For Scalarama, Dunlop showed the 2012 film Hannah Arendt (Margarethe von Trotta), which linked the programme to the Directed By Women fortnight. Directed By Women is a campaign to encourage exhibitors to show films directed by women during the first two weeks of September, as a ‘worldwide viewing party’. This temporal overlap resulted in a collaboration with Scalarama, who launched ‘Project 51’ as an initiative with the aim of achieving gender equality in exhibition. Hannah Arendt was not, however, one of the core films offered by Scalarama, and even though it is a mainstream biopic, it was a surprising choice for a Saturday evening show, as it is a very discursive meditation on ethics and theory, and large parts of it are in German. It was also very different from other Scalarama-promoted films, as it is neither a cult movie or a nostalgic mainstream movie. This suggests that the association with Scalarama was contingent on the association with the Directed By Women. The volunteers were surprised that their cinema was featured in a national newspaper article about Scalarama, mentioned in the same sentence as the urban arthouse cinemas that seem as a world apart.

Closer to the Scalarama ethos was the screening of the Japanese film House (Nobuhiko Obayashi, 1977) organised by Matchbox Cineclub. This was run at the cine-club’s usual place, a bar in Glasgow city centre which has an upstairs room for music gigs, exhibitions, and a wide variety of weird stuff. The screening was on Matchbox’s usual monthly date. Matchbox have been running cult cinema screenings for several years, and this film was not out of character. It was known to the programmers, who have extensive expertise. The film has recently been released on DVD by Eureka, which is one of the distributors working in partnership with Scalarama. So while the Cineclub could have programmed the film at some point anyway, the Scalarama connection facilitated the process.

Finally, the #PeoplePower double bill was an initiative of the Radical Film Network that programmed the same two short documentaries about British activists, on the same date in different places around the UK. The Scalarama programme proposed,

“6 double-bill screenings of A Time Comes (2009) and McLibel (2005) happening up-and-down the country. The events aim to unite individuals within the screening space and foster dialogues of what we can do as individuals and as collective to effect change.”

The overlap of these two networks – Radical Film Network and Scalarama – introduces a politicised programming strand branching off the cult aspect. The Glasgow screening was organised by Document Human Rights Film Festival, who are local members of the Radical Film Network – so this thematic shift connects another organisation to the Scalarama scheme. This was a more purely one-off event, at a space with a history of activism. The Govanhill Baths is a public swimming pool that was closed and then occupied by the community. Several community groups and projects are run from its spare rooms. On the day of the screening, the venue had been awarded funding to restore and reopen the swimming pool, so there was a sense of victory. During the screening there was a collection for striking workers at the National Galleries and a solidarity group photo was sent.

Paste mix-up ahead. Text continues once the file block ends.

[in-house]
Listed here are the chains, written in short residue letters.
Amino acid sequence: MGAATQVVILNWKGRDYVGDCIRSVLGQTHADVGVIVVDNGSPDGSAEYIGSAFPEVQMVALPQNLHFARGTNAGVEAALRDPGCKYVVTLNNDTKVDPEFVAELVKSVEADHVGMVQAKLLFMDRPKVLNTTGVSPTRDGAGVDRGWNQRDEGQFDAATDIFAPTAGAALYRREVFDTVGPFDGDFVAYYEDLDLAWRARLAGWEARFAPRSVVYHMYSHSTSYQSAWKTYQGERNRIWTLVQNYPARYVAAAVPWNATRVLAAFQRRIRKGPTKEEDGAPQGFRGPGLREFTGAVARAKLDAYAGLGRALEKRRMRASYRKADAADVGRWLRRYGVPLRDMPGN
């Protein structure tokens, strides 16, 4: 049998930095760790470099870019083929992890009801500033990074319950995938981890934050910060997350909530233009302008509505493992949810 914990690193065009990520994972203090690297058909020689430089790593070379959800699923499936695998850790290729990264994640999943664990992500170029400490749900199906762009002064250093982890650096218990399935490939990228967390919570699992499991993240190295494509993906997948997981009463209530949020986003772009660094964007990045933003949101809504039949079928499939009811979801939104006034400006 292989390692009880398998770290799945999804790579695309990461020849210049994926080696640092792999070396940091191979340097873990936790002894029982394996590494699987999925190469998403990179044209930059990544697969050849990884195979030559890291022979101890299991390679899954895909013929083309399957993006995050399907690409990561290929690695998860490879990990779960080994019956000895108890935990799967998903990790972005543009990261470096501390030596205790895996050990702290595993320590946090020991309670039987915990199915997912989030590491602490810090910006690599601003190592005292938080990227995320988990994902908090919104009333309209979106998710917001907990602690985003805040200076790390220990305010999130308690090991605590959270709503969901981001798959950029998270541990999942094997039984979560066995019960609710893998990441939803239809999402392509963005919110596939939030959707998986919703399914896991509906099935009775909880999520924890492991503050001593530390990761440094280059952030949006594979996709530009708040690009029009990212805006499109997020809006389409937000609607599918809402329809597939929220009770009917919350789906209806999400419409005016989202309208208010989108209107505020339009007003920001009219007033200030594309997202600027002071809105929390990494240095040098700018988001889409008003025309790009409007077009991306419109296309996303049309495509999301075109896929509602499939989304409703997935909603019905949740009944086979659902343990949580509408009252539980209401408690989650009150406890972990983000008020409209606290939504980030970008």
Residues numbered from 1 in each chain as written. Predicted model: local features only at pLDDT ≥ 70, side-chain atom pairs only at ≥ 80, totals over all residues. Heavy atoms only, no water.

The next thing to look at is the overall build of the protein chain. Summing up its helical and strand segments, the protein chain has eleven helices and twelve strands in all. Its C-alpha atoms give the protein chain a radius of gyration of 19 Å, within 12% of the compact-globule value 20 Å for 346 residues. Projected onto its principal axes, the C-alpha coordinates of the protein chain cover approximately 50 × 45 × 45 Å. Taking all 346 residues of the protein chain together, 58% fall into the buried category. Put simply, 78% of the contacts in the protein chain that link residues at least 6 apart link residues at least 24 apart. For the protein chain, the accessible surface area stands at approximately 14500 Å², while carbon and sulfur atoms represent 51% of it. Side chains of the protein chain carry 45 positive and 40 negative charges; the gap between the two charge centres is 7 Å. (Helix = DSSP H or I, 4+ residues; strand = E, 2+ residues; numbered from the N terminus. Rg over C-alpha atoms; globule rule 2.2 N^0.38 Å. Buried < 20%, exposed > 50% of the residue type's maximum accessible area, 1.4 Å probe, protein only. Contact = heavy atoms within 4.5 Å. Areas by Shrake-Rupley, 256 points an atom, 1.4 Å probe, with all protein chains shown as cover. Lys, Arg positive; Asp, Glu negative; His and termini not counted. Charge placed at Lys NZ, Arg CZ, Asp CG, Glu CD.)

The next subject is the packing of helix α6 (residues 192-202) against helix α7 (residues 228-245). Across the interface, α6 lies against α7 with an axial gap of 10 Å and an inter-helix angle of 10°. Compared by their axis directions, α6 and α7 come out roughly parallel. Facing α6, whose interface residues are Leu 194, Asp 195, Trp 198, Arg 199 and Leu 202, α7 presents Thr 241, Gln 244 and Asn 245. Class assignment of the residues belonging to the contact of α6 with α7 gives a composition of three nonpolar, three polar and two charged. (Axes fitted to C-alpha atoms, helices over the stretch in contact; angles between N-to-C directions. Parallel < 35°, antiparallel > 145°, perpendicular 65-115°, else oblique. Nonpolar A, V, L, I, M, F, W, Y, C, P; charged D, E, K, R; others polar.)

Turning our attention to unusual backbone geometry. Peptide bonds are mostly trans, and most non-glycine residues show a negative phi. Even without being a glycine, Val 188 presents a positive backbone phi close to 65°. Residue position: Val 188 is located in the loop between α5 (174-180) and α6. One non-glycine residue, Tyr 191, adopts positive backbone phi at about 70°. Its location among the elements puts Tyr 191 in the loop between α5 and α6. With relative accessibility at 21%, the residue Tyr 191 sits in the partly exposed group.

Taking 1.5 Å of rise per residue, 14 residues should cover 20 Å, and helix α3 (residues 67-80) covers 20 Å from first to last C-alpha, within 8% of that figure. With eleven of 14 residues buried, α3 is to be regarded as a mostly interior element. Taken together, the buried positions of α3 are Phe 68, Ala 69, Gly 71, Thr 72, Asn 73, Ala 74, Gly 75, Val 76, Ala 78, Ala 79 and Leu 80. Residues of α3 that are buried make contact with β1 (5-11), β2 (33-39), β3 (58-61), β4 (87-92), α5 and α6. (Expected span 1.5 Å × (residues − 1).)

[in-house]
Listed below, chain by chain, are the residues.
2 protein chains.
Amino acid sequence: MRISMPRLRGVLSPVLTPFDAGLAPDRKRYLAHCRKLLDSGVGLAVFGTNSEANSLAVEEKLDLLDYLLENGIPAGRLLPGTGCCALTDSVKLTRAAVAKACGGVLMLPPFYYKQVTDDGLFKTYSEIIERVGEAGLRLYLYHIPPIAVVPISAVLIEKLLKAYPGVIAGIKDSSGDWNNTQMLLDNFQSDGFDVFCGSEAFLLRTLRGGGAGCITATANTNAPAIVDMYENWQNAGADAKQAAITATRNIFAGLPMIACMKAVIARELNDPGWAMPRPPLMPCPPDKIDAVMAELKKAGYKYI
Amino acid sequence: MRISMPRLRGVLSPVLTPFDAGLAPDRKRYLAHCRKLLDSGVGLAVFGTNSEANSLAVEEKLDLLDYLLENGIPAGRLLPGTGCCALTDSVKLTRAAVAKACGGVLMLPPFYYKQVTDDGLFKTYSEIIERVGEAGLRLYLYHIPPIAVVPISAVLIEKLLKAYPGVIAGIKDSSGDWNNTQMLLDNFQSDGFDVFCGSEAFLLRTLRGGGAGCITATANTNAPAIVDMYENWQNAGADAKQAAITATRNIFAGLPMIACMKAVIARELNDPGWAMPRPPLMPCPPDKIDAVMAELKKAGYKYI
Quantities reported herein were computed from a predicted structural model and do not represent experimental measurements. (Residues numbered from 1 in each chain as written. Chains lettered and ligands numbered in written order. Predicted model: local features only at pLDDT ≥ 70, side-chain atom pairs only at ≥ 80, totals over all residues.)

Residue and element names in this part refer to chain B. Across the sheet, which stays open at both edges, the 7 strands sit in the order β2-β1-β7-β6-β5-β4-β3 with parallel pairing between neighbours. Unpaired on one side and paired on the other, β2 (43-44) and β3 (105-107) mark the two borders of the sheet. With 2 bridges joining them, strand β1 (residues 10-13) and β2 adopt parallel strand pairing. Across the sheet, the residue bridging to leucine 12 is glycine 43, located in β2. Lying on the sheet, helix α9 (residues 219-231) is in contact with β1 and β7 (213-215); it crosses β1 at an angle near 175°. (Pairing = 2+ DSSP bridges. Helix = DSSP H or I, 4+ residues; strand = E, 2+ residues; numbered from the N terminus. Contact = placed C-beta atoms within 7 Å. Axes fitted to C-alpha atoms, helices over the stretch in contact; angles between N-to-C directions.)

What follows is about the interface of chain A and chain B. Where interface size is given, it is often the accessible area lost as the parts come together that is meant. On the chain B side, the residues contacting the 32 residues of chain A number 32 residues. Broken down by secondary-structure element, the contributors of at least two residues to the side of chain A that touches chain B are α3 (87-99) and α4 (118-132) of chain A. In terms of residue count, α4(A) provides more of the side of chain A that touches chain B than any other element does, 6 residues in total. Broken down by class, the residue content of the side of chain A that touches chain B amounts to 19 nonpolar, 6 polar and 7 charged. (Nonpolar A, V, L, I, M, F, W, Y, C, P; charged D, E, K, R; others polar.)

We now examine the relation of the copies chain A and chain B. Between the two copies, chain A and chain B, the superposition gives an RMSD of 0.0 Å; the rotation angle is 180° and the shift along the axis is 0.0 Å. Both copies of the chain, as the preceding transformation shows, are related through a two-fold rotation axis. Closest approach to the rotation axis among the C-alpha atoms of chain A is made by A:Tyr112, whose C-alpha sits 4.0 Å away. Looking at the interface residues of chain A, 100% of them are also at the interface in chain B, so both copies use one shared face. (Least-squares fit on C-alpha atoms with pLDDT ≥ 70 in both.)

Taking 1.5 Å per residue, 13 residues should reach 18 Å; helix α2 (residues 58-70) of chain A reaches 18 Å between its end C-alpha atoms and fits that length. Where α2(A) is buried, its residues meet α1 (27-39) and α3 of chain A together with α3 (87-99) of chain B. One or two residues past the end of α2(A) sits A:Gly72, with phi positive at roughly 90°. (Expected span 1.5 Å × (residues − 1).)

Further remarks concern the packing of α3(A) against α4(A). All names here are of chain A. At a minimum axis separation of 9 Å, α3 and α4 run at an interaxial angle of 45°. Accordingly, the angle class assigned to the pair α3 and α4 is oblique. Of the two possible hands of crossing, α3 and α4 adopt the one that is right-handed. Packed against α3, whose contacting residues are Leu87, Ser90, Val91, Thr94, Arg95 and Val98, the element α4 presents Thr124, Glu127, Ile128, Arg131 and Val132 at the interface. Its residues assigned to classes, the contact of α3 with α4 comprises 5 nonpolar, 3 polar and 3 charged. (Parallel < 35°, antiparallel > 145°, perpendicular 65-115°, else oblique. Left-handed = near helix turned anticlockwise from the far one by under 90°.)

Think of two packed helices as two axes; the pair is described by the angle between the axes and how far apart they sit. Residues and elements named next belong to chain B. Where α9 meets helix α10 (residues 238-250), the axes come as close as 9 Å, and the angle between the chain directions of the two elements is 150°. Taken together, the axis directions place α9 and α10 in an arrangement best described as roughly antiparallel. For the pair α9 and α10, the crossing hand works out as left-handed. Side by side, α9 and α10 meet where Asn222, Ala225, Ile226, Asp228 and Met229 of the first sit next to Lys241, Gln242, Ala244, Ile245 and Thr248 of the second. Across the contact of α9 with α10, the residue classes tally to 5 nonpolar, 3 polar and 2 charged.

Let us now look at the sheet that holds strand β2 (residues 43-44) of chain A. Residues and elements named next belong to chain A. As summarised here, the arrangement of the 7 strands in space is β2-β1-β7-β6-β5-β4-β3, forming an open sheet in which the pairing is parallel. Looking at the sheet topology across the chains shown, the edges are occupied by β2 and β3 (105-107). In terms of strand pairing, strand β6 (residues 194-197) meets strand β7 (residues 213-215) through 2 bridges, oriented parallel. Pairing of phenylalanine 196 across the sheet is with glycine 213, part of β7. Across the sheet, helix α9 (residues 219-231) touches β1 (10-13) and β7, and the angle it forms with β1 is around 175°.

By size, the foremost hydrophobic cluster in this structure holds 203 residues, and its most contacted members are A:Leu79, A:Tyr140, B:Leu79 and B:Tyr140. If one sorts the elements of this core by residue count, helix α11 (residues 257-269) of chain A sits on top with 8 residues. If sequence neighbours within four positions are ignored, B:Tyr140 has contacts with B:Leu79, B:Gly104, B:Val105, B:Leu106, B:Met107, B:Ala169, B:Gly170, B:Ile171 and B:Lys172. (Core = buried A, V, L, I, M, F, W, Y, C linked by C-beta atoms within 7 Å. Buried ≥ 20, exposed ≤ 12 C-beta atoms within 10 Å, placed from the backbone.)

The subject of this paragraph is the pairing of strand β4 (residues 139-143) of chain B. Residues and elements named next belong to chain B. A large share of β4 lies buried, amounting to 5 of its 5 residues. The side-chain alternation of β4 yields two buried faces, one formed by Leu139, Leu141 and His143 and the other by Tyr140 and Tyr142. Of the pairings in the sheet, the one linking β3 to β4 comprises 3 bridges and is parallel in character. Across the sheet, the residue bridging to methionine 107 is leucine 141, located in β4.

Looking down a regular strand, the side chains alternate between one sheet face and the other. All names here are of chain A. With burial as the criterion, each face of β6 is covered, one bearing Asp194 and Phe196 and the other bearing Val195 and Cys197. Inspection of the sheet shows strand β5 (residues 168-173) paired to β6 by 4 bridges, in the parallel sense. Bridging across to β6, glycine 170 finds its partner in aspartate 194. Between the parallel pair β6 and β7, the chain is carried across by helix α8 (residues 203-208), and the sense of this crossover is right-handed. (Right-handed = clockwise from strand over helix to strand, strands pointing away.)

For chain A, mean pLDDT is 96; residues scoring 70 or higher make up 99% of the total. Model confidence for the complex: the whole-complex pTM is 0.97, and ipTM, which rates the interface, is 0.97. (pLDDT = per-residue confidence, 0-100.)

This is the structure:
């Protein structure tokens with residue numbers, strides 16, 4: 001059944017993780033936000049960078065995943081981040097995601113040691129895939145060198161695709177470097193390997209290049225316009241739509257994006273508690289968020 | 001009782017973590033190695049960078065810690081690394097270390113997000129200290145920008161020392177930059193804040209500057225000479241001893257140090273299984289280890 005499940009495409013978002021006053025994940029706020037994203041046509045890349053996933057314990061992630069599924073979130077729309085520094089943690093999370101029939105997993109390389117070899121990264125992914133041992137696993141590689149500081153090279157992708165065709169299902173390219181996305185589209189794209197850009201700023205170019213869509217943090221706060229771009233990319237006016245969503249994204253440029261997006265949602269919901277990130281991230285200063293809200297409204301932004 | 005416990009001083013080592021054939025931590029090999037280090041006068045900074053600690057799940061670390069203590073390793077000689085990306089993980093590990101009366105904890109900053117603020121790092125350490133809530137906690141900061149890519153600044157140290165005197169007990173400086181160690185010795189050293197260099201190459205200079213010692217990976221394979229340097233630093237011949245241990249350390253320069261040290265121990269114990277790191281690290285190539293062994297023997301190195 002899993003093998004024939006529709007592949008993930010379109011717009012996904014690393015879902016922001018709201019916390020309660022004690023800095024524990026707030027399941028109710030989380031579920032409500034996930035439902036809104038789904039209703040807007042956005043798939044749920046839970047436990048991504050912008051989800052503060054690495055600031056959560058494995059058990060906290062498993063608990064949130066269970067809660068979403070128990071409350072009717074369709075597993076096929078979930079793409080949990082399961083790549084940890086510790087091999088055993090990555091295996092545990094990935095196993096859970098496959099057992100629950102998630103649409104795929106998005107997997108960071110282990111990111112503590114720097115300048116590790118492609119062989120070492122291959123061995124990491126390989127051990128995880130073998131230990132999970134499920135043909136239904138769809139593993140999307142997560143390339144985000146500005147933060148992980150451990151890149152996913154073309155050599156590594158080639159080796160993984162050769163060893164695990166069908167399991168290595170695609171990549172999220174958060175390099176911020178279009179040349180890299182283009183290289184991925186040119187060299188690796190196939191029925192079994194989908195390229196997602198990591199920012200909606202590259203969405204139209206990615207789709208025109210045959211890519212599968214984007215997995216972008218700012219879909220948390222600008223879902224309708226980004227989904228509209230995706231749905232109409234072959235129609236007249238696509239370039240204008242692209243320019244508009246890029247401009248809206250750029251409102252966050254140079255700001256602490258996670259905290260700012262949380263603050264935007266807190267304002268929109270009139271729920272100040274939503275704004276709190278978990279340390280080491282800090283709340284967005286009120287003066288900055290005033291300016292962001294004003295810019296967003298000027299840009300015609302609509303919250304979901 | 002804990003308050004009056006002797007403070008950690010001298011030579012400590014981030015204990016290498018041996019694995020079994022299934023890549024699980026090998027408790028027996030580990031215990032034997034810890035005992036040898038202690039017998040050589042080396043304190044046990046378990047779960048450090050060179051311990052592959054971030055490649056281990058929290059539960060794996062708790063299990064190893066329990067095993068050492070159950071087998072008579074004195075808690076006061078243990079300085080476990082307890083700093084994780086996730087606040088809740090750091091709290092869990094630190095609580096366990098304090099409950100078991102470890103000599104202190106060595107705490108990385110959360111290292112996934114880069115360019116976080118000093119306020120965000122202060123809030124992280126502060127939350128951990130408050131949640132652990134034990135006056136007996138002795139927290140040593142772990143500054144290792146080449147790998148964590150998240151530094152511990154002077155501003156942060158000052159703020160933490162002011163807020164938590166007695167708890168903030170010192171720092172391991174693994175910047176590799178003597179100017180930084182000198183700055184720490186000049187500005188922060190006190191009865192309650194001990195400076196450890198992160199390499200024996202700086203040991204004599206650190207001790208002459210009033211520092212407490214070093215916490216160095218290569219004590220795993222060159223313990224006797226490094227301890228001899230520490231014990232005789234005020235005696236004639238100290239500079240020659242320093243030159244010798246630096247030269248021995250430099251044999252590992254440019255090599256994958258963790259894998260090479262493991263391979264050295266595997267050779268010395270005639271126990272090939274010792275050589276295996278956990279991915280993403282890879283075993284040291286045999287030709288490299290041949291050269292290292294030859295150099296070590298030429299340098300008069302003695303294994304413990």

These three examples, thus, engage with modes of practice that come from different traditions: the village hall cinema, the cult movie cine-club, and the activist screening. This draws attention to the very fluid convergence of cinematic practices made visible by something like Scalarama, which started as a celebration of a very specific type of cinema experience.

The Southside Film Festival in Glasgow is also, like Scalarama, referencing a loss, but it is a very different beast. This is a much smaller event, offering about two dozen screenings and several workshops over a weekend, and explicitly positioned in relation to a local history of cinema.

Some of the Southside Film Festival venues
Some of the Southside Film Festival venues

The 2015 brochure opened with this text:

“Southside Film Festival started in 2011 as a response to the lack of a local cinema or film screenings in the Southside of Glasgow. Four years later the festival reflects on the continued lack of a local cinema with the theme of cinema heritage and film archive.”

In this case, the pop-up strategy is not necessarily valorised in itself; it is presented as a response to a lack. In practice, however, there is a lot of creativity and pleasure in programming in unexpected spaces. This is a site-specific film festival; the choice of films responds to the choice of venues and the ancillary events available at these locations. So for instance pairing films with food, or using the Wurlitzer organ at the local town hall to accompany silent movies. This year the emphasis on history and archives was articulated through an exhibition about the old cinemas of the Southside, and an open call for home movies which were digitised and edited into short films and shown on the opening night.

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But for all that the festival is so explicitly invested in history, the old cinemas that still stand in the area are yet to be reclaimed for it. The exception is the large Pollokshaws Burgh hall. Here we have an example of a building that has hosted cinema for more than a hundred years without ever becoming a cinema. These histories about what, where, and when cinema is, and where it has been, continue to shape where cinema’s going, even through the apparently novel forms of exhibition practice. Over the next three years I hope to throw away these preliminary ideas several times over, and to make the acquaintance of many of those making cinema happen in every corner of Scotland. If you’re one of them – I’d love to meet you!